That was until Fermanagh skipper Eoin Donnelly took a hand - literally. Pitched into the full-forward position because he was "out on his feet" according to manager Rory Gallagher, the Coa clubman somehow managed to get his fist to a hopeful punt from Ryan Jones and deflect the ball into the roof of the Monaghan net to highlight the most exciting climax to a semi-final in years.

It was compelling drama at it's best, a dramatic turnaround that transported the Fermanagh faithful to a sporting paradise and left Monaghan's huge support devastated.

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It had all looked so different a matter of minutes earlier. Monaghan, not quite as efficient and cohesive as they can be, had taken some time to get into their stride but when they were enjoying the comfort of a 0-9 to 0-7 cushion, another provincial final appearance looked to be a formality.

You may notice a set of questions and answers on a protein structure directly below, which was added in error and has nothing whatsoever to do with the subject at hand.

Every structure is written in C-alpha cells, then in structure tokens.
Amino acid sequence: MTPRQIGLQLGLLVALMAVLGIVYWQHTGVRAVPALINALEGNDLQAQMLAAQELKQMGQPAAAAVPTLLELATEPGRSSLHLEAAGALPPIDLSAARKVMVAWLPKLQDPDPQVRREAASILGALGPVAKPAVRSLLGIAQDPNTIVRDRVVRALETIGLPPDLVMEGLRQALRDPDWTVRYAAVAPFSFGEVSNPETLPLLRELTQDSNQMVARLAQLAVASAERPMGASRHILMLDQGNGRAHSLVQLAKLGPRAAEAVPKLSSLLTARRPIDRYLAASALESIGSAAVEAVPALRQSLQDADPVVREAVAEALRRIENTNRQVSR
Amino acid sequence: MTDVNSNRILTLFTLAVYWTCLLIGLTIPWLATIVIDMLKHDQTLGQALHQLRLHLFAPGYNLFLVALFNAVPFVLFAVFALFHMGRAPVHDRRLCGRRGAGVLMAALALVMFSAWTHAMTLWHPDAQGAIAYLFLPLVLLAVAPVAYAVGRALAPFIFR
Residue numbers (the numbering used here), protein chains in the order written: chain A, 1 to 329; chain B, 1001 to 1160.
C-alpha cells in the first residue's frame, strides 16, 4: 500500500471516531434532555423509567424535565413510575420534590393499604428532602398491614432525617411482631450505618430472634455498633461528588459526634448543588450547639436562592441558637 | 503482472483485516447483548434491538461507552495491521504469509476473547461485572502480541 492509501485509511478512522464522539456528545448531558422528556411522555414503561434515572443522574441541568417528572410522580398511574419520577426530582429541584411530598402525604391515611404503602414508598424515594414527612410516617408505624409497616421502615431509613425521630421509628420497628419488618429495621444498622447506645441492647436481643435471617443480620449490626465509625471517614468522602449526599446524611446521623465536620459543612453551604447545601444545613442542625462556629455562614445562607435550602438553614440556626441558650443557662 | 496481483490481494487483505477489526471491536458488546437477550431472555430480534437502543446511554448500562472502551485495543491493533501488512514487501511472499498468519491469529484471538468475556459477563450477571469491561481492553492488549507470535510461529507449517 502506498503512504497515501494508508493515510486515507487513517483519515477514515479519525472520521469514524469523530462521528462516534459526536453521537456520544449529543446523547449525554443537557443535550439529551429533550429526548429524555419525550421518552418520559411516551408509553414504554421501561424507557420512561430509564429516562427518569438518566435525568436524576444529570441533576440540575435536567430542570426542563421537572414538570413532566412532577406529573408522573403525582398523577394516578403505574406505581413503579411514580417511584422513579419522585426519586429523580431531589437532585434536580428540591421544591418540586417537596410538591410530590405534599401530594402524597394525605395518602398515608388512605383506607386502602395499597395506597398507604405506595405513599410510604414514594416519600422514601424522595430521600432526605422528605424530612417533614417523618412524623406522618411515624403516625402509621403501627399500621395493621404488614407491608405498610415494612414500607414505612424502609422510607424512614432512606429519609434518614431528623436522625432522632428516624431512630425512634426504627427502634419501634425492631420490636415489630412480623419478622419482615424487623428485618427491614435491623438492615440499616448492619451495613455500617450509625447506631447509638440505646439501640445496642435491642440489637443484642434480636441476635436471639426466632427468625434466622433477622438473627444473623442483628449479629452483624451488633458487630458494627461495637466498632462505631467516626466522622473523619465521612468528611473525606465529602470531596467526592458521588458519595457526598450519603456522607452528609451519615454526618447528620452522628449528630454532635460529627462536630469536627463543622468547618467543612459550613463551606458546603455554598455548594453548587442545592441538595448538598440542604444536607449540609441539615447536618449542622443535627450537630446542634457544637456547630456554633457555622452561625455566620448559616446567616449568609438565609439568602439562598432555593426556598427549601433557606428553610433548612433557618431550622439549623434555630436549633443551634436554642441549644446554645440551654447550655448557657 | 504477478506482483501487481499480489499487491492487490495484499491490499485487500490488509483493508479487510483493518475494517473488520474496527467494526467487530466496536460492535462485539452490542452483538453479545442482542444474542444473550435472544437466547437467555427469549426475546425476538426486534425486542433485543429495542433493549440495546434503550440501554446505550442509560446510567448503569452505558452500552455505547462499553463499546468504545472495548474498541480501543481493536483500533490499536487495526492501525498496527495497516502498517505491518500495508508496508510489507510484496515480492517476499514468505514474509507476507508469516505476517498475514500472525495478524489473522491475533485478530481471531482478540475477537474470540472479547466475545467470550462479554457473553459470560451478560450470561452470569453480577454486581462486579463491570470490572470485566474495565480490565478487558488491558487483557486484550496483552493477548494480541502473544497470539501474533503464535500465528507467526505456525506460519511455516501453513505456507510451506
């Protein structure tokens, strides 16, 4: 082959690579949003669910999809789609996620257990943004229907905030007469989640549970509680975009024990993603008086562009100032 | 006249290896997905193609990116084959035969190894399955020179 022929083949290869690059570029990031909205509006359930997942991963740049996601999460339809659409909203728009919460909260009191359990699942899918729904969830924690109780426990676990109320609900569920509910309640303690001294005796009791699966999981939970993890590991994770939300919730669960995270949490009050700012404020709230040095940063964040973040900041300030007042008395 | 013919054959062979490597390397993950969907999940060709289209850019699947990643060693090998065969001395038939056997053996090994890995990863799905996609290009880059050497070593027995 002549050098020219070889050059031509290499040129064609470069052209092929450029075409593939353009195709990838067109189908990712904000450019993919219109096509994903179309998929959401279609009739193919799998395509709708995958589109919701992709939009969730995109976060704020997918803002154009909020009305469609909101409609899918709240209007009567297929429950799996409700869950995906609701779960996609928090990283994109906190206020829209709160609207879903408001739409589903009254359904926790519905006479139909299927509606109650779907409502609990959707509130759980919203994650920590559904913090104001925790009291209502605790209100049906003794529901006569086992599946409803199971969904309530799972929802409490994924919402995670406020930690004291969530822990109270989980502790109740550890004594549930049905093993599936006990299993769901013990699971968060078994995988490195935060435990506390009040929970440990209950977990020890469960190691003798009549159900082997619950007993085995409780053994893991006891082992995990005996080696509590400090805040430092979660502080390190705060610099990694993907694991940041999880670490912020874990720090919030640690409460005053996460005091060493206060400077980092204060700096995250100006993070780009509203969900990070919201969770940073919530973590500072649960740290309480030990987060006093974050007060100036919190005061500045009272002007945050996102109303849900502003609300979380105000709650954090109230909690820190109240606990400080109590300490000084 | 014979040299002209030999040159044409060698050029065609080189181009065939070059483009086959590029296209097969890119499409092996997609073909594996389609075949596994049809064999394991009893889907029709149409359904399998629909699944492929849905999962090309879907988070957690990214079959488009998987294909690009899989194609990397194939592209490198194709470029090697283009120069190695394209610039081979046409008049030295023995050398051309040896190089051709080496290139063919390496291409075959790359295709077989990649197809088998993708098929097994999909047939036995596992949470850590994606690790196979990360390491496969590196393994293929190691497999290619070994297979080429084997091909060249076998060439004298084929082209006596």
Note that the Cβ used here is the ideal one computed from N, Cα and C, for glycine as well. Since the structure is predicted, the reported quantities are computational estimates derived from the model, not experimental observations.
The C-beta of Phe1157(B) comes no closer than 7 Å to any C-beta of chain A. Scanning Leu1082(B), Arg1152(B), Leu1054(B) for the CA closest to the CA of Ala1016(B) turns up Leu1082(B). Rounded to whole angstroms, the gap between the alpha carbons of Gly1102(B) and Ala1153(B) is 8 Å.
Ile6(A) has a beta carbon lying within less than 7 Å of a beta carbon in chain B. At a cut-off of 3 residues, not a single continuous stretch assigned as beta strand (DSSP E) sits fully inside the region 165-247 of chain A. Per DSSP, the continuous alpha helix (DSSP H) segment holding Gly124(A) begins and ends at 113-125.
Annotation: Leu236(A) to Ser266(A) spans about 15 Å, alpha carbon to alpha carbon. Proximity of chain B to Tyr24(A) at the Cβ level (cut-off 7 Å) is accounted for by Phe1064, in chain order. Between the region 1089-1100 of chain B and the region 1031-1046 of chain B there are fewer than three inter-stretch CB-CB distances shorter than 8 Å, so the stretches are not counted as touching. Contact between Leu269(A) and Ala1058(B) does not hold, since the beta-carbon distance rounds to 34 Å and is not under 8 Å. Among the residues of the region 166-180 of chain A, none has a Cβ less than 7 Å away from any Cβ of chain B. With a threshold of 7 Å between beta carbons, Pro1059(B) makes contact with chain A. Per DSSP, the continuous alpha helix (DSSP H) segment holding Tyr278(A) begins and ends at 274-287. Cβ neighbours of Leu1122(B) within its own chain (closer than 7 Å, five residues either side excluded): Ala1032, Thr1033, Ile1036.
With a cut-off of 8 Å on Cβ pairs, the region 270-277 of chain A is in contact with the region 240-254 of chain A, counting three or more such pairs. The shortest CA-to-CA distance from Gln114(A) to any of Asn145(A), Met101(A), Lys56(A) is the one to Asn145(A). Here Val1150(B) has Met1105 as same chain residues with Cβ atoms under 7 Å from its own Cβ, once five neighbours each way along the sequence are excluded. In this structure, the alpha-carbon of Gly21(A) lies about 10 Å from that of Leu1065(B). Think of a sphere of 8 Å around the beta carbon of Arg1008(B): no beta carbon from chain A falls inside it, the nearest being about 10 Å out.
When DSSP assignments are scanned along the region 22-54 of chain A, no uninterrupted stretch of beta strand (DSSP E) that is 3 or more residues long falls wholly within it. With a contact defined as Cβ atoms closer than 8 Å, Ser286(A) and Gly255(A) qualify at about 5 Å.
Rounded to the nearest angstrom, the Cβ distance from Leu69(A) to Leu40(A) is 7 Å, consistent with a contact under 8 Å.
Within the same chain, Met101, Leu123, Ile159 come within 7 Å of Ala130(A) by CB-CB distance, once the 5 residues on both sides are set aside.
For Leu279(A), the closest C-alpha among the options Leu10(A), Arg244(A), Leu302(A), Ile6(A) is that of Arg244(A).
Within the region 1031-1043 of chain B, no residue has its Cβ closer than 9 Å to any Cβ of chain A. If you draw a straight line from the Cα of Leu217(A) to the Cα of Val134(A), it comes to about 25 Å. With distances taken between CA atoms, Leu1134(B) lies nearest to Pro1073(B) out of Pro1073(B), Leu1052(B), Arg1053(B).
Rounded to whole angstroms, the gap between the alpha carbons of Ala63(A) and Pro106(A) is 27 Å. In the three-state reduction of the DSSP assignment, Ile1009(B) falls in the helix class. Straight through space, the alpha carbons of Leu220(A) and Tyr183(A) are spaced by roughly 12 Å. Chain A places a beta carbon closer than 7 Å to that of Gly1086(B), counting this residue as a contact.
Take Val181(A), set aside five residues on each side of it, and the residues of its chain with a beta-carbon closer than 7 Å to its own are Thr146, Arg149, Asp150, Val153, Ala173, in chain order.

But after the teams traded further points, Donnelly's arrival on the edge of the Monaghan square did not so much have the desired effect as elicit a minor miracle given Monaghan's well-honed penchant for closing out games.

This time it was different, though, and that's why today the Ulster Championship has taken on a new, more intriguing and particularly fascinating look.

Yet there was no hint of what was to unfold in the earlier stages when Fermanagh perhaps surprised themselves with the fluidity of their movement and their ability to retain possession as they pressed forward in the first-half.